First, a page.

Retro ways of capturing and preserving experiences of air raids, love and nature

UEA students from the Year 2 module, Digital Media: Theory and Practice, took a look at some old media in a seminar led by the University of East Anglia’s Eastern ARC Fellow, Dr Paul Gooding: ‘Historicising new media: from analogue to digital media’.

In preparing the exhibits for the session we were reminded of the range of formats lurking within our collections and the ever present challenge of continuing access when technology threatens to become obsolete. Many observers wonder why we don’t simply digitise everything and be done with it.

The complexity inherent in such projects (quality assurance; metadata; storage; resource discovery) require significant time and resource. We are currently engaged in just two proof of concept digitisation projects focusing on two key collections (the UEA Literary Festival Video Collection and the digital preservation of Doris Lessing’s Whitehorn Letters).

We demonstrated the transformation in a digitally remastered clip from a UEA Literary Festival video when compared with a straightforward digitisation of its original.

The students were given a hands on introduction to the following archive material which included getting to grips with microfilm readers, slide viewers and cassette players and considering how analogue items might translate into their digital counterpart with the integrity of its original intact.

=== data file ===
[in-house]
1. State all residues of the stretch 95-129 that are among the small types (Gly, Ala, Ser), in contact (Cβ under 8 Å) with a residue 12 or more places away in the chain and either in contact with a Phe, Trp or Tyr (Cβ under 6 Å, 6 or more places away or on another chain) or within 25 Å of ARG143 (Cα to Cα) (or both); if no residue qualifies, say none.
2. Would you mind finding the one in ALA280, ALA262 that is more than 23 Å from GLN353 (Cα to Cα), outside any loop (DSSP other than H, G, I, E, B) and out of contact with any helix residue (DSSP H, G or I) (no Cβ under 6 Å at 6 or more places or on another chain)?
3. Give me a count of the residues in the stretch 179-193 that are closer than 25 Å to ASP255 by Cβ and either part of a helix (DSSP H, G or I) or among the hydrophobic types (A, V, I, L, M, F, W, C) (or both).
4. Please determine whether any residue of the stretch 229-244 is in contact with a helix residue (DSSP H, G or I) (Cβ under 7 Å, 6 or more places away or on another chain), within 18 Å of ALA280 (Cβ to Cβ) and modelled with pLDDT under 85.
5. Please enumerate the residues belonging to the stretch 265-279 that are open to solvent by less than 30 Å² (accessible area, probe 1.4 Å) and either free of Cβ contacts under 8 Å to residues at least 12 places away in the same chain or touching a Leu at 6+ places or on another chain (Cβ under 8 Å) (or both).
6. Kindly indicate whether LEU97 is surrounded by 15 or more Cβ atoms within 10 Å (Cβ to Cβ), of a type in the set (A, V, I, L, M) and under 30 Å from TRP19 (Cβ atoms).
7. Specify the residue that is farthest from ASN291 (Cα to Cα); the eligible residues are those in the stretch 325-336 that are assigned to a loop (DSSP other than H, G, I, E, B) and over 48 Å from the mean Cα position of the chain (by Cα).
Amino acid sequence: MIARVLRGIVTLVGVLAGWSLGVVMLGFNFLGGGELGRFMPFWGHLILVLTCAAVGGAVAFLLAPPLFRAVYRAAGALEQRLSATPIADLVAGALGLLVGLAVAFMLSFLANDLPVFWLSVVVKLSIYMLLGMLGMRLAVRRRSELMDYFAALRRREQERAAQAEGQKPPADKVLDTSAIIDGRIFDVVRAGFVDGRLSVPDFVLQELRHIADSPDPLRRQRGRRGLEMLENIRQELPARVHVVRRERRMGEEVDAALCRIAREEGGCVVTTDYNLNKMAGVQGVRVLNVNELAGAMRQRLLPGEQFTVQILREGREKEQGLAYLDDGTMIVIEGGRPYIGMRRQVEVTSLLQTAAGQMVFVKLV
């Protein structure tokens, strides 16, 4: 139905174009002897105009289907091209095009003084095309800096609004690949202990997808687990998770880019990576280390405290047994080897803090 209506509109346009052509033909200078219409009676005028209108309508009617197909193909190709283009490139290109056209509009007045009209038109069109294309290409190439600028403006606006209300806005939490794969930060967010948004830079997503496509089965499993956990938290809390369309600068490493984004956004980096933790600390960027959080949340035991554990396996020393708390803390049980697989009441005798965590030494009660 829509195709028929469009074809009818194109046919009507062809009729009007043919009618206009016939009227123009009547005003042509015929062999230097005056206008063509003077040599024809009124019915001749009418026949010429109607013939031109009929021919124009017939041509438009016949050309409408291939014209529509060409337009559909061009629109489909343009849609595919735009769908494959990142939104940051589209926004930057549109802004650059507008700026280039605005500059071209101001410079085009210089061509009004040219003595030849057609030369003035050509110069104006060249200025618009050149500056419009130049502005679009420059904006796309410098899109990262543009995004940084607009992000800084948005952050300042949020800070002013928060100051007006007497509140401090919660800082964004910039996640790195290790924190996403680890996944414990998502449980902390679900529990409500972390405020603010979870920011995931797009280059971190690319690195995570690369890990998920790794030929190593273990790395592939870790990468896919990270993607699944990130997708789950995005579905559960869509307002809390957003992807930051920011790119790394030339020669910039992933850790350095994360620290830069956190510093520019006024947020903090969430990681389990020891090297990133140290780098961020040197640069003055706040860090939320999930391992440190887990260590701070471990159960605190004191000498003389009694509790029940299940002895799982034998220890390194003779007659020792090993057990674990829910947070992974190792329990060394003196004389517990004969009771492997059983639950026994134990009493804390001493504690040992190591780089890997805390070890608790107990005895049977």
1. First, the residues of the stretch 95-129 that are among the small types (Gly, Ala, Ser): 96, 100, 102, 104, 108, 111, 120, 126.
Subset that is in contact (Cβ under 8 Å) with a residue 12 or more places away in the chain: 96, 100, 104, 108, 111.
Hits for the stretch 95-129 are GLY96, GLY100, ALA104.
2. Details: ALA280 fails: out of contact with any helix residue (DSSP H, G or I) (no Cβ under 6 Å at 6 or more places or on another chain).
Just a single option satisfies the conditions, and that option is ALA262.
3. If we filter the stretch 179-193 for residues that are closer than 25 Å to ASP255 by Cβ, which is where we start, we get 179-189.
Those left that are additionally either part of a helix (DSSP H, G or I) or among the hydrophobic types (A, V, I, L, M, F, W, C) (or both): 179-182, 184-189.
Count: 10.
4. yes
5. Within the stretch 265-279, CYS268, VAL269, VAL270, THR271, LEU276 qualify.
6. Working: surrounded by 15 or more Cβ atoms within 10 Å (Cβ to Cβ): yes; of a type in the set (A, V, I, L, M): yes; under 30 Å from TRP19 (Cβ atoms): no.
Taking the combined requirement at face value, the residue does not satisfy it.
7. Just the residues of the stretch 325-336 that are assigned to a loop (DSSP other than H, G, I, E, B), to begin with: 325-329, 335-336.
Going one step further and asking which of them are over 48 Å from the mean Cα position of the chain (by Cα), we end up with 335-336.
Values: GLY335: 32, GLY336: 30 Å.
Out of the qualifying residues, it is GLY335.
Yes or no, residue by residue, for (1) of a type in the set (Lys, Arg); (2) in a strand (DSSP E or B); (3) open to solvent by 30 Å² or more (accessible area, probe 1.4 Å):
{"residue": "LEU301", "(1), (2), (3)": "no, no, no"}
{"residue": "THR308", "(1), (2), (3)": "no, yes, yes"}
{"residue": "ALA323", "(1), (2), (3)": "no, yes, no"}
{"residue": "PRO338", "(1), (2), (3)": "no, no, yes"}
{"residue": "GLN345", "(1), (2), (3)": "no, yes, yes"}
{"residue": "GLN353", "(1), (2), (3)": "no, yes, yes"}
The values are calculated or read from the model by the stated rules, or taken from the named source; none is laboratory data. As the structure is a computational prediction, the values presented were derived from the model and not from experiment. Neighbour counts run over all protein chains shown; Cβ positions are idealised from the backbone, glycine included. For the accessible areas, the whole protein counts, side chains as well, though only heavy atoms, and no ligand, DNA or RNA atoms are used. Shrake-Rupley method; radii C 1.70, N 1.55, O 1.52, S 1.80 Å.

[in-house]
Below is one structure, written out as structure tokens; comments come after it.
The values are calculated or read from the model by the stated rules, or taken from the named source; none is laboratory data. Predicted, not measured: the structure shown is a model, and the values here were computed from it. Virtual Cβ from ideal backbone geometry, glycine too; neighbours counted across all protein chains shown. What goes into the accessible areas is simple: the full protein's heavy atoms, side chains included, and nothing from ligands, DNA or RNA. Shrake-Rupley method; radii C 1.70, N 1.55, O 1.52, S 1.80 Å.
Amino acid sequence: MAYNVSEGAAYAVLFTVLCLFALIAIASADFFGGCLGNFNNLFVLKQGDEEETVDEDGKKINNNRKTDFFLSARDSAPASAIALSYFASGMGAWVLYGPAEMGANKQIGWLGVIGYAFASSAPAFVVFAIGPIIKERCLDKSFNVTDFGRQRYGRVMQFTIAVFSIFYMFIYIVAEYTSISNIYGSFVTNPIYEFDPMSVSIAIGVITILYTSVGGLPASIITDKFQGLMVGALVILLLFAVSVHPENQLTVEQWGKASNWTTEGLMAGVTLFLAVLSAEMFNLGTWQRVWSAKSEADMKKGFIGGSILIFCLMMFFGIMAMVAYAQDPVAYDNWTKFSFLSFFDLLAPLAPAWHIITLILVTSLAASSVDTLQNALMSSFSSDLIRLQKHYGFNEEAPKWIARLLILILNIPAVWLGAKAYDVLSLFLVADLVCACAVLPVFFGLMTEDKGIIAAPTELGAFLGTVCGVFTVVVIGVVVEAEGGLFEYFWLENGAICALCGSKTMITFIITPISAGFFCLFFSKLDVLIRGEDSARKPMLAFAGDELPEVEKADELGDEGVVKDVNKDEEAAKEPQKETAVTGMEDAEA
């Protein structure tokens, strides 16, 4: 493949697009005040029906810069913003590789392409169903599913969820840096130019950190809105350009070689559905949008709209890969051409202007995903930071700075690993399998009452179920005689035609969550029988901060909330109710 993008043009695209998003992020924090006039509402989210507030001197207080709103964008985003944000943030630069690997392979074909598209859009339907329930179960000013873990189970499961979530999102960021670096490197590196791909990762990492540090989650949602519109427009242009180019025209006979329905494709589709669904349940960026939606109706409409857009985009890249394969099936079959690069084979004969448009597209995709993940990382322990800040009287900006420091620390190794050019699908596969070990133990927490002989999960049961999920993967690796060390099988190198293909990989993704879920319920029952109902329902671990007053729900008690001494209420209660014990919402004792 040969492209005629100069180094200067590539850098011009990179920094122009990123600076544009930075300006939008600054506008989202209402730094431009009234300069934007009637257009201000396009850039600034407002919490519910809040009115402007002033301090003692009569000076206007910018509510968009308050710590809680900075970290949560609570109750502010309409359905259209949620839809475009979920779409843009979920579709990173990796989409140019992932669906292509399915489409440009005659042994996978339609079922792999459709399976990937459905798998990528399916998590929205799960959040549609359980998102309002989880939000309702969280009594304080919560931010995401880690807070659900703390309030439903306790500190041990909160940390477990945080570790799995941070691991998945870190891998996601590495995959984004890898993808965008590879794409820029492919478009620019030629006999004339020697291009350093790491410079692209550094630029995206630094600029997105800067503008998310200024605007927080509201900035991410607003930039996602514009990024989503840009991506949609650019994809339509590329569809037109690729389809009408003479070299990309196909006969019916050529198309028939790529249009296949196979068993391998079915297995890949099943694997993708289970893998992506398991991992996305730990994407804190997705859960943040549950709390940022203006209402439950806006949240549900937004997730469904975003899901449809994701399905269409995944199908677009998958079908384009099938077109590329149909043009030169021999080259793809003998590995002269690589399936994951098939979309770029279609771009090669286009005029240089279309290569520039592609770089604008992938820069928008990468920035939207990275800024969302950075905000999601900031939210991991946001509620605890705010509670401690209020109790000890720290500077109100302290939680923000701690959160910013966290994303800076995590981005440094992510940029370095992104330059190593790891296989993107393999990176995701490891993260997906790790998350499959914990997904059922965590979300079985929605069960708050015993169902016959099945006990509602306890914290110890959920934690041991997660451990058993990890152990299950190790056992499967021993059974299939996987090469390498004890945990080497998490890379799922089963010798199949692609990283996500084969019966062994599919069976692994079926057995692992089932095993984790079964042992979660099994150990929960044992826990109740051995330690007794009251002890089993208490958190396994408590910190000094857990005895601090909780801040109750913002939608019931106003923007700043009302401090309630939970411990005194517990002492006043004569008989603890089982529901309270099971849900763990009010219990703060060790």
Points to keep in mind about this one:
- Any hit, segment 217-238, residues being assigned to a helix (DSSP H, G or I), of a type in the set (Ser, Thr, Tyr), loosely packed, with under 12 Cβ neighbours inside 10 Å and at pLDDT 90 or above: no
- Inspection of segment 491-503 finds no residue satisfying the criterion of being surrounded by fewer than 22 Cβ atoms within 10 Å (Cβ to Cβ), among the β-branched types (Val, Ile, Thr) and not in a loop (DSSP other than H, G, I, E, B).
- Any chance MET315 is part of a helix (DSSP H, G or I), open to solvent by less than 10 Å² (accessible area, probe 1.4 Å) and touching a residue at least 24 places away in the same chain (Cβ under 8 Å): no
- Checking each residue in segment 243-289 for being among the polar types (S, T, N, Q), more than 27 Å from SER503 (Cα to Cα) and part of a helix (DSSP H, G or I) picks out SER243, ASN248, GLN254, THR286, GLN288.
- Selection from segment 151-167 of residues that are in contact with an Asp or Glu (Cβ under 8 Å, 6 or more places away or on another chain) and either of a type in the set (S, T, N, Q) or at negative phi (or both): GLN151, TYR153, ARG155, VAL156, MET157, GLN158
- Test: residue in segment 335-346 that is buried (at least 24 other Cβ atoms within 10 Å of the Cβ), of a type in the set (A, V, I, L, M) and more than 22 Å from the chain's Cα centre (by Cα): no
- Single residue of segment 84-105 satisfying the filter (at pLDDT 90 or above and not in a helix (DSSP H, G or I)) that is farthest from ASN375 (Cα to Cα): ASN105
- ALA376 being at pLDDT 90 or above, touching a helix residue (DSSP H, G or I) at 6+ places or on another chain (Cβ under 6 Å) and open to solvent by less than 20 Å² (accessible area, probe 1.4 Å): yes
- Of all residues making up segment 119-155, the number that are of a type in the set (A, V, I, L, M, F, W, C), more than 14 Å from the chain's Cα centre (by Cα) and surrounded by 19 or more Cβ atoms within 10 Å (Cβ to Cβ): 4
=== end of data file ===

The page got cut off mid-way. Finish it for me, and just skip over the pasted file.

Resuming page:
A series of over 100 typed love-letters from the 1940s. Complete with envelopes and photographs. [Doris Lessing’s letters to John Whitehorn (BACW)].

Aerial photographs, maps, tables of data indicating bomb drops and bomb damage. Target and attack data 1942-1945. The students considered how to reflect integrated and complex data and the treatment of fragile material. [Zuckerman Archive].

A series of 1930s photographs of Southwold Railway. [Hill Papers].

Handwritten notebooks with inserts. [Roger Deakin Archive (BACW)].

Microfilm and original manuscripts. Over 2000 school children’s essays “What I did and what happened to me in an air raid”.  Microfilm was introduced as a form of preservation; and to show the transfer between mediums when scanned to PC. [Zuckerman Archive].

Slides (mounted, glass). Royal Norfolk Show, 1957; Parliamentary visit to China, 1956. [Hill Papers].

LP (Vinyl) The Sound of New Orleans (A frisbee? Something to create pizzas on?) [Formerly UEA Record Library].

In the next week, the students will compare the experience of using both the analogue and digital versions of one of the media demonstrated.


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